Email – Building an email subscriber list is powerful (maybe even more so than social media) because these are your proven fans. Having an occasional (once or twice a month) short eNewsletter or Alert is more likely to be seen in a targeted email to this group than through social media posts (but don’t underestimate the reach of social media either). When you do post an email, it needs to be brief, high quality and attractive. It should have:

  • Exclusive information
  • Good design
  • High value: Actionable, to-the-point, and personable (more than just facts).

Social Media – Choose wisely. You don’t need a presence on every platform. Only choose the ones that you have time to manage well. Sites like Facebook, Twitter and Instagram can be good for connecting with your potential audience. But know how to use them effectively. If you only get on to paste what looks like advertising posters then it’s going to start feeling like spam to your audiences. Social media is about being “social,” so give them some personality! Tidbits and insights about what you think, inside peeks at what you’re doing, special events related to your mission. Post things of such interest that they’ll want to share it with their friends. Do some occasional paid ads when you have something big to promote or to grow your email list. The post should take no longer than 8 seconds to read, should always have a visual, and a call to action with a link. Don’t post too often or it becomes “white noise” (about four times a week on Facebook is a good average).

Website – This is something you can control, and you need to have strategies for driving targeted traffic to your site. Get your site listed on others – community event calendars, astronomy clubs, media stations, colleges, etc. Make your content there well laid out, easy to find, and engaging. Be visual and entertaining. Have concise descriptions that entice interest and action. Give people opportunities to "learn more" (don’t try and cram too much on your home page). Have it professionally designed so it can be easily maintained and updated in house.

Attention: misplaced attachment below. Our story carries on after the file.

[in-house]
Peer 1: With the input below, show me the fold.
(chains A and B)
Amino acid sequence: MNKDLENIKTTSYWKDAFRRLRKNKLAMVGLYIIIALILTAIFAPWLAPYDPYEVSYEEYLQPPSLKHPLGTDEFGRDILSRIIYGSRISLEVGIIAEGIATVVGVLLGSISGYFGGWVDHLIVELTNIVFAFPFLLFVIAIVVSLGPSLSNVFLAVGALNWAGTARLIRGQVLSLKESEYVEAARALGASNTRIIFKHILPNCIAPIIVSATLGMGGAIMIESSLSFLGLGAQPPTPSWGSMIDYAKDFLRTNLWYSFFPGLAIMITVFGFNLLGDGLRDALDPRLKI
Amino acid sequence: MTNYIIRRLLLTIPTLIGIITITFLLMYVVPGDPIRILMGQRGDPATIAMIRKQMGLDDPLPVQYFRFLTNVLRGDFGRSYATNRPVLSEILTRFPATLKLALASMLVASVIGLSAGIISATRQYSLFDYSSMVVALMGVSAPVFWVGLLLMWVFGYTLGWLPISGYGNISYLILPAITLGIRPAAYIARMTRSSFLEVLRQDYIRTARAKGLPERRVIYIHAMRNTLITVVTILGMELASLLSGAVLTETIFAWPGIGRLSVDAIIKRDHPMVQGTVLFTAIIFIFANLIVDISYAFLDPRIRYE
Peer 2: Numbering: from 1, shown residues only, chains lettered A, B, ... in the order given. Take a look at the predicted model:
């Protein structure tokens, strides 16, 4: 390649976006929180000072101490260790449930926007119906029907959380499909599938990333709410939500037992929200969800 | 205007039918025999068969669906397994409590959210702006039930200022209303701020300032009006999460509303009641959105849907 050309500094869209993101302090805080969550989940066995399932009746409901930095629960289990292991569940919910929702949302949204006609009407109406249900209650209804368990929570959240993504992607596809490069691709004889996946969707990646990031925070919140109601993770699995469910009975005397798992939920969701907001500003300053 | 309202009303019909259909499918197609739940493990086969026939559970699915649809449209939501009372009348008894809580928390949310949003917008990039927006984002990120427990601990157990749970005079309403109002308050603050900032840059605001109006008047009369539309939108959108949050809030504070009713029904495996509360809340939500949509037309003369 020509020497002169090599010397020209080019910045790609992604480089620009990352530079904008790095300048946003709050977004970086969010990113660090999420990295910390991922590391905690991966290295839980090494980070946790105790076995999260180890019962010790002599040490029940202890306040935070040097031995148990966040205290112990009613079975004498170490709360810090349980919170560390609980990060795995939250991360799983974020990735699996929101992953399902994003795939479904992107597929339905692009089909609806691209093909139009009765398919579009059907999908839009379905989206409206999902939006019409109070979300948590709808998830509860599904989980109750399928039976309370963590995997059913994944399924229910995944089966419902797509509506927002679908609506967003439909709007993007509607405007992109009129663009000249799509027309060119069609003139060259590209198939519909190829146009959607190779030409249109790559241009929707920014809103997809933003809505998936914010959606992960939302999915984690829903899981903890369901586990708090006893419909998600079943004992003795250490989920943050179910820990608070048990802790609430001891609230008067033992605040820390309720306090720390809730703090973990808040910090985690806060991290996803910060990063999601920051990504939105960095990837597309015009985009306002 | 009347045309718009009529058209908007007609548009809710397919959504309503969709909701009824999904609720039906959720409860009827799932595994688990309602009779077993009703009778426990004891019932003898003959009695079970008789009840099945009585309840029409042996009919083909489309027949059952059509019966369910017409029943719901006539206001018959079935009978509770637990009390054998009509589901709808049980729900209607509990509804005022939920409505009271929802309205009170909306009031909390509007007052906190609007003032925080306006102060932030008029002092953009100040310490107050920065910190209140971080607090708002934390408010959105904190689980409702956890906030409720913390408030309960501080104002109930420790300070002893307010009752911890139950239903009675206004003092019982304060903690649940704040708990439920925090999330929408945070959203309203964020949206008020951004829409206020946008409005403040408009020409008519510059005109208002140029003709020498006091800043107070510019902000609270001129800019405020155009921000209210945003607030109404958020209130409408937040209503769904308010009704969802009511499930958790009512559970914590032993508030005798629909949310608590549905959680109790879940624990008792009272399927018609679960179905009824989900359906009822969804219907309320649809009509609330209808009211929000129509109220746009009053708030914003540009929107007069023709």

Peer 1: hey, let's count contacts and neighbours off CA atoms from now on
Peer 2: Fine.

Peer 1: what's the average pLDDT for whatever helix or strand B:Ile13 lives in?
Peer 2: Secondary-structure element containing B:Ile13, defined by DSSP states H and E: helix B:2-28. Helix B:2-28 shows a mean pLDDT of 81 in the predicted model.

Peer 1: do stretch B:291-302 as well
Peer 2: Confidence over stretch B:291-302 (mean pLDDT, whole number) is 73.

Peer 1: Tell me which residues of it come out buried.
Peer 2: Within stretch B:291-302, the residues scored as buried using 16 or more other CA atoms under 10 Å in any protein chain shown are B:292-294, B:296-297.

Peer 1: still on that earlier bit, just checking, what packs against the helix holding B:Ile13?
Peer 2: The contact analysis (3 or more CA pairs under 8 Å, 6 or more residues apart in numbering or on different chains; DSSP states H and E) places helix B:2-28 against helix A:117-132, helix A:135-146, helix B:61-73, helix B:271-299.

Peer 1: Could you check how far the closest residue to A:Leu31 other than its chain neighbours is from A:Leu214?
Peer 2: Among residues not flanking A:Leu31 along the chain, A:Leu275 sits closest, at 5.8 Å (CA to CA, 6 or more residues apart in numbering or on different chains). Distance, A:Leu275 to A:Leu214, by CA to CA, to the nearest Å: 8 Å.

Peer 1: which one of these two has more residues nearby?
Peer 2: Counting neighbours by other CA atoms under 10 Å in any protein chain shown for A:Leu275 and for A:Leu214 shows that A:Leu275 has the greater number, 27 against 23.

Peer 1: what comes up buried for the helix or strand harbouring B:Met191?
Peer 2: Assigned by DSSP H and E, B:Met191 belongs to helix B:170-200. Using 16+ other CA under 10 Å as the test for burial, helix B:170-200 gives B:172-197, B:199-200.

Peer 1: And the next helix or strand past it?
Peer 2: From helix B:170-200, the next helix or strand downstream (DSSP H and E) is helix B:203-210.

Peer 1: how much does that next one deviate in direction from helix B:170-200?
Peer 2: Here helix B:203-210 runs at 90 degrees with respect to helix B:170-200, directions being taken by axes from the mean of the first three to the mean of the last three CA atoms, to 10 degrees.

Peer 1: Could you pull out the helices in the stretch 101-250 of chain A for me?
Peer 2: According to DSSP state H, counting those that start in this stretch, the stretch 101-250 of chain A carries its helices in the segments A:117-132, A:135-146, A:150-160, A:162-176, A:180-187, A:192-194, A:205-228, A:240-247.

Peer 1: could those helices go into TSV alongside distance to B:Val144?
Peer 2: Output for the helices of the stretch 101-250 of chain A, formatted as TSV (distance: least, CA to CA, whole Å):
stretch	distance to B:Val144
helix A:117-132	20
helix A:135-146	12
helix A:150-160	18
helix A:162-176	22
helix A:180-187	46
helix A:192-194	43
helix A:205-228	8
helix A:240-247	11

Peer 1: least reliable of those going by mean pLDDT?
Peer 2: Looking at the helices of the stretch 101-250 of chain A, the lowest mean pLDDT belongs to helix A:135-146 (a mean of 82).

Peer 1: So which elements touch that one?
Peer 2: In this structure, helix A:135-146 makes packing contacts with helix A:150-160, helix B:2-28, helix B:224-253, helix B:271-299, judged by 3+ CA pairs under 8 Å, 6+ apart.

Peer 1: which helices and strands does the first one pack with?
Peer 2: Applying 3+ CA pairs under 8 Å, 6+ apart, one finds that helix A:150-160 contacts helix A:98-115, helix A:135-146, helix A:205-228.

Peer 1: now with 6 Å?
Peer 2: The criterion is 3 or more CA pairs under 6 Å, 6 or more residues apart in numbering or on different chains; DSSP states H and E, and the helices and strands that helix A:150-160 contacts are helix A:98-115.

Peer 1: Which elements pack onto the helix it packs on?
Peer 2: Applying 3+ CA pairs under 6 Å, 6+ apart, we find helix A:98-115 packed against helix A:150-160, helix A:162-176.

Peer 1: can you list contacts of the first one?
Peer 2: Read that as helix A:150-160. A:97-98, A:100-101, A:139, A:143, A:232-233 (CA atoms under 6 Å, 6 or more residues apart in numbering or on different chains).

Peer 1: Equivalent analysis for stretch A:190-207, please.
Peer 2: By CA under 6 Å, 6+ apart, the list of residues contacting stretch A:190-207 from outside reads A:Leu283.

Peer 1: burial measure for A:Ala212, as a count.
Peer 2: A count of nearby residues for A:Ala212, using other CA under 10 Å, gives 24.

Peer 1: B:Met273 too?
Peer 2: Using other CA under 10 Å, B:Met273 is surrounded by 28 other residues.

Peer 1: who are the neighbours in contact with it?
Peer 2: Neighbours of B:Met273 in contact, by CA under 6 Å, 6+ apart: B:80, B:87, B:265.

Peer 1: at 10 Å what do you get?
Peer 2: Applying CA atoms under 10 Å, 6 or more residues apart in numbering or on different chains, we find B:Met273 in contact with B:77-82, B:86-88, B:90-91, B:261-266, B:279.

Blog – This is another avenue for reaching people with targeted interests. It helps to expand your online presence and establish you and your institution as an expert source. It’s another fun and creative outlet for you, your staff and your audiences.

Cross Promotion with Local Events and Businesses – Find festivals and vendors who you can cooperate with on advertising. If there is an arts, music or cultural festival, see if you can advertise or even sponsor to get visibility. You can return the favor by putting their literature or other promotions at your facility. Maybe a music club with video screens would be willing to play promos of your shows? Or have postcards worth a discount to your music show? You can get creative here.

Build relationships in your community – People are more likely to come and try something new if a friend is encouraging and promotes community involvement. Give presentations to and join local organizations. You need to put a "face" on your organization!

Staying On Track

There is a lot of competition out there for leisure activities. Pay attention to what’s going on in your community and see how you can be a part of it. Bringing in a show with local interests is one thing but you can do more with special events that involve local talent, whether that be scientific, artistic, musical or cultural. Get as much feedback from as many different people as you can. Polls and surveys are good but be sure and get to know your community leaders, educators, business owners, and interact with the general public as much as you can. Ask questions and carefully listen to the answers. Connect with people socially as well as professionally. And by all means, have fun and show some enthusiasm for what you do!

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Author of this post

Mike Murray is the Astronomer and Planetarium Manager for the Delta College Planetarium in Bay City, Michigan. Mike has over 30 years of experience in the planetarium and informal science education field, producing and directing programs for museums, science centers, the National Parks and NASA. Since 1990 he has focused on digital planetariums, developing innovative approaches for public presentation, popular science programming and community involvement. Mike is a Fellow of the International Planetarium Society.